It’s been ‘one step forward, two steps back’ for investors just recently – every piece of positive news on the markets is followed in short order by something else to shut down hopes once again.
Take a look at the always-important US market in recent weeks. The S&P 500 rose by 2 per cent on 13 October 2022 and then a further 1 per cent during early trading the next morning. But then came some worse-than-expected news on US inflation and everything slammed into reverse, with the index ending 14 October 2022 a whopping 2.5 per cent lower for the day overall.
Then, on the following Monday, it was all change again as the S&P jumped back 2.65 per cent after some more encouraging news on company earnings. Shares rose again on Tuesday but then retreated on Wednesday and Thursday as worries mounted about the impact of a still strong US jobs market on interest rates in America.
It is clear investors are on maximum alert, hyper-sensitive to any news they consider will set the direction for shares for the next few months. By common consensus, we are at a potentially important inflection point.
Markets have fallen in anticipation of an economic slowdown and much higher interest rates, but recession is yet to arrive, and rates still have a long way to climb. Are markets now poised to rebound – or is this just a stopping-off point on the way to much deeper falls?
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The history of previous downturns holds lessons that could help answer that question.
Markets can begin to recover when the economic news is at its worst
There seems little doubt that economies are slowing – the likelihood of recession has moved from ‘possible’ to ‘probable’. And that reduced economic activity will translate, sooner or later, into lower company earnings.
But those things don’t have to translate into market falls. That’s because stock markets tend to move in advance of overall economic growth and even the earnings of companies. In a sense, this is the job of markets – to anticipate likely company performance ahead of time and position themselves accordingly.
It’s a point made in a recent report by Goldman Sachs, which dissects stock market performance during previous bear markets – defined as those which have suffered a 20 per cent fall from their recent peak.
The analysis of historical data found that bear markets turn back into bull markets typically while economies are still in recession. That means markets can turn positive even when economies are shrinking because they have already processed that bad news and are anticipating the upturn that follows.
Specifically, it found that bull markets tend to begin 6-9 months before the low-point for earnings around 3-6 months before the low-point for economic growth.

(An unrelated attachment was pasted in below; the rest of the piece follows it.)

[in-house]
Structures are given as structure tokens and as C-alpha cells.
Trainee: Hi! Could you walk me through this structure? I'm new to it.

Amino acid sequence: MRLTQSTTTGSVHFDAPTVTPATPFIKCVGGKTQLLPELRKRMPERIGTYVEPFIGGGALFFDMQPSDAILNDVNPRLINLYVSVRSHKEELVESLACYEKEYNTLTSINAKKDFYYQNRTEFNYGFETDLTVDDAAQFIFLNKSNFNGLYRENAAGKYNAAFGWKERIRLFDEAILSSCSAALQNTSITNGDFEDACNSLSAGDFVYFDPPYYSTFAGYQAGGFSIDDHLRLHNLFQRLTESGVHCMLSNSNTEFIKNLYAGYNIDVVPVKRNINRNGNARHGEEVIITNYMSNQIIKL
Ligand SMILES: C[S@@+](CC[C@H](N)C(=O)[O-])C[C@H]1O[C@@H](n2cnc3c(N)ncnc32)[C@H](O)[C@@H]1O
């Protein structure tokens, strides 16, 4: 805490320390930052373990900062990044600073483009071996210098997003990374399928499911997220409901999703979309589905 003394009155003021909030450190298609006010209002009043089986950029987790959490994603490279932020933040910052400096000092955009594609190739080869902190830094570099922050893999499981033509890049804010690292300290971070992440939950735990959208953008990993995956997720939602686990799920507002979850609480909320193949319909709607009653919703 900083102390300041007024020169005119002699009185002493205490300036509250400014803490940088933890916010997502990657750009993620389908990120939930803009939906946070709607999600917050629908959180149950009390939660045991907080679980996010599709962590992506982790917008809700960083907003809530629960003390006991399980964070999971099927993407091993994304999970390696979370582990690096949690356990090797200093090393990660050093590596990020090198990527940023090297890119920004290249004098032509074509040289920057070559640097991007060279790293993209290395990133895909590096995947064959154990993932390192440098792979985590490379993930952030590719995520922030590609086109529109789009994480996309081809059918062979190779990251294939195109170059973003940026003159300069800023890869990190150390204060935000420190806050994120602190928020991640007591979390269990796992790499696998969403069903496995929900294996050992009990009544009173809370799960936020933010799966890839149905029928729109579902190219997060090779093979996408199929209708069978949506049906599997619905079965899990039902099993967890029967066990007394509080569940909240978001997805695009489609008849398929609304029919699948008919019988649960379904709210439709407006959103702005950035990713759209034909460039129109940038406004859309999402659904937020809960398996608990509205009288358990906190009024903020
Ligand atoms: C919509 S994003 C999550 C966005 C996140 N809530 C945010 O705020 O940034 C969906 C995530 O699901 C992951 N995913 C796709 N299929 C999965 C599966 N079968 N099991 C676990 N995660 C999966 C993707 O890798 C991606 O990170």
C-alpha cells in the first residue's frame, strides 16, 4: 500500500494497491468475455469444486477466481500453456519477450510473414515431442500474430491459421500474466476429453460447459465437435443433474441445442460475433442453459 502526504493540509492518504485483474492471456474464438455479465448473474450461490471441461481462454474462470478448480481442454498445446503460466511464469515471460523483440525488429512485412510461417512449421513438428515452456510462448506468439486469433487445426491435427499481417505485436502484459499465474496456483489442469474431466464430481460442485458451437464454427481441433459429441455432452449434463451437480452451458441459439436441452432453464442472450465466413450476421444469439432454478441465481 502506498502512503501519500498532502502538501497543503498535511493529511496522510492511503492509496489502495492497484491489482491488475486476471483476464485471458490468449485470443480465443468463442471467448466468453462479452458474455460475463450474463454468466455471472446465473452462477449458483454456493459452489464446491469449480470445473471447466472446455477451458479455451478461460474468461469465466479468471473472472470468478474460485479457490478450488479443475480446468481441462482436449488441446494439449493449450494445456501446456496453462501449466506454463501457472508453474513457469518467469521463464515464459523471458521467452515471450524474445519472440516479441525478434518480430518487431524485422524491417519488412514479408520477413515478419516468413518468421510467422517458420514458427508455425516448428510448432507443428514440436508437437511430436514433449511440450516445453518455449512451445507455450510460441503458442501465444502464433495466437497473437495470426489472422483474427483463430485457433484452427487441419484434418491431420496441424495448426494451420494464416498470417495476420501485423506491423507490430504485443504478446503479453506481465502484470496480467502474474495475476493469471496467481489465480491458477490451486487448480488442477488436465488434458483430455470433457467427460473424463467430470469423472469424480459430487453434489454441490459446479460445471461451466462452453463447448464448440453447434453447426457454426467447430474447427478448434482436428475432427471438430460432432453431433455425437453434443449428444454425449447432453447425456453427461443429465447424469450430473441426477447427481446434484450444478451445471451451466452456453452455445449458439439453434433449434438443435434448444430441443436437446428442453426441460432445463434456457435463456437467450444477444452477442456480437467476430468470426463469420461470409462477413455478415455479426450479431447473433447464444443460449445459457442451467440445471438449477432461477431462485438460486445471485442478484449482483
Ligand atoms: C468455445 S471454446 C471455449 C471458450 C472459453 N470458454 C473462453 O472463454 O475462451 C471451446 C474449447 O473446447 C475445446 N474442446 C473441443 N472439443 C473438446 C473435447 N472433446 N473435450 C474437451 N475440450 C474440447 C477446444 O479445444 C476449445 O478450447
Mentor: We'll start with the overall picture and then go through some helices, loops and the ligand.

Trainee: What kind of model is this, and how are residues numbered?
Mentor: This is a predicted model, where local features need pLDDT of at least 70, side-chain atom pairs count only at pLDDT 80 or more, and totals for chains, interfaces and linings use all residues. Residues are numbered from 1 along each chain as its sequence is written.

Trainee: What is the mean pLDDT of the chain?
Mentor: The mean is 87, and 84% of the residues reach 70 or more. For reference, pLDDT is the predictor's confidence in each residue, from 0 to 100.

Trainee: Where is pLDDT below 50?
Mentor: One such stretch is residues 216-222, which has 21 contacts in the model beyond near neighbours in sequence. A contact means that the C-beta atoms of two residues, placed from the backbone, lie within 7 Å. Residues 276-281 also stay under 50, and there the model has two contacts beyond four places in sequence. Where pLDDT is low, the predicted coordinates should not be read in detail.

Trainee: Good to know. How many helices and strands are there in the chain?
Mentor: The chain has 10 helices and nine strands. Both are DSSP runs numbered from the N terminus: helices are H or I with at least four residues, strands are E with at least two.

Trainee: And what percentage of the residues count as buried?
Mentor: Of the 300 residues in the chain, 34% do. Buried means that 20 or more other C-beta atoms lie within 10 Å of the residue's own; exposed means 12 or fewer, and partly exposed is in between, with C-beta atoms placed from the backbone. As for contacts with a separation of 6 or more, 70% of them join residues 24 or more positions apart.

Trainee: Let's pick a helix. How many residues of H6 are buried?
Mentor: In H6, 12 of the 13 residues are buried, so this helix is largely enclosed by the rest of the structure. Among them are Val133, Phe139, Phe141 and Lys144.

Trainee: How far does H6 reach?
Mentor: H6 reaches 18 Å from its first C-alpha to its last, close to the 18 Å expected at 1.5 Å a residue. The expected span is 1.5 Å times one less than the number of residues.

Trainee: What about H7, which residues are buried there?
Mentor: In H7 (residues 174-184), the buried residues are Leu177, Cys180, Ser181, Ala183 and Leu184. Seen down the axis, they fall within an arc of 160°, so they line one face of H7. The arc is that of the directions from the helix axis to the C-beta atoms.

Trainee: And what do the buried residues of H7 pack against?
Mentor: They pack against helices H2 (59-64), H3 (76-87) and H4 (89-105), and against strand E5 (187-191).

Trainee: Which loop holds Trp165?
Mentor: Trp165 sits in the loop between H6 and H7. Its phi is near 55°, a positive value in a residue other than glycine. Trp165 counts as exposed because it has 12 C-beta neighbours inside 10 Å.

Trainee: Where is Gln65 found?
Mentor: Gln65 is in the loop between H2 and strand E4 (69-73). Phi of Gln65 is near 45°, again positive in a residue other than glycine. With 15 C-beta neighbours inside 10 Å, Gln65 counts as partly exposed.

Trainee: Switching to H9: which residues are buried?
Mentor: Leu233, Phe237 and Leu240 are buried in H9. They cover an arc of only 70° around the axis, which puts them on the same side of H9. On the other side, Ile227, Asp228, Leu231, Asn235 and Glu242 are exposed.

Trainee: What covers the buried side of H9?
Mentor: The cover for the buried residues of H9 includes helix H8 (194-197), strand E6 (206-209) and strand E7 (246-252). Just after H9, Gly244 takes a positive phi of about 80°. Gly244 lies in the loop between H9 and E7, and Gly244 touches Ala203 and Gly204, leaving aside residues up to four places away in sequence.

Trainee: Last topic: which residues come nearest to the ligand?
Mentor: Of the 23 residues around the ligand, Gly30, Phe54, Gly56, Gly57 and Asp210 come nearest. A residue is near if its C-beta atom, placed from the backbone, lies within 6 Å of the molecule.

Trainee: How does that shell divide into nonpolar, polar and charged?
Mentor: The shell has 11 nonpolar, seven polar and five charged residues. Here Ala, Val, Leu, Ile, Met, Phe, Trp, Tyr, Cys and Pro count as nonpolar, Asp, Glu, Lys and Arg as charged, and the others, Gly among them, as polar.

Mapped onto the current situation, that means markets could begin to climb again even when the economic and company news remains very negative.
Returns tend to be biggest during periods of recovery
Stock markets don’t deliver their returns in a smooth way. The average annualised return of the S&P 500 since its inception in 1957 is around 11 per cent – but that has come in fits and starts with some years losing money and some gaining much more than that level. Please remember past performance is not a reliable indicator of future returns.
In particular, markets tend to grow more quickly in periods after they have been depressed, and slower after they have already risen. According to a study this year by the Wells Fargo Investment Institute, returns in the S&P 500 in the 12 months following the end of a bear market have averaged 43.4 per cent.
We don’t know how long the current bear market will last, of course. The average length of bear markets according to the same Wells Fargo research is 10.8 months, with the average loss in that time being 35.5 per cent. Were the current bear market to follow those averages then it will be well into next year by the time the tide turns – but the returns from then would also be worth waiting for.
Diversification has helped portfolios recover in the past
While the headlines about markets tend to focus on indices like the FTSE 100 or the S&P 500, the reality is that most investor portfolios will include a much greater spread of assets.
That’s a sensible strategy because a mix of different assets has tended to provide returns that are less extreme during downturns. And there may be some evidence that more diverse portfolios also help during market recoveries. The Wells Fargo report examined returns during bear markets from a diversified portfolio – comprising bonds, commodities, small cap stocks and emerging market stocks alongside the main US market – versus those from just the S&P 500 alone.
It showed that, on average, historically a diversified portfolio fell by less – around 18 per cent versus 37 per cent – and recovered in less time – under a year, on average – after a bear market than the S&P 500 Index (just under two years).
Originally published by Fidelity International investment experts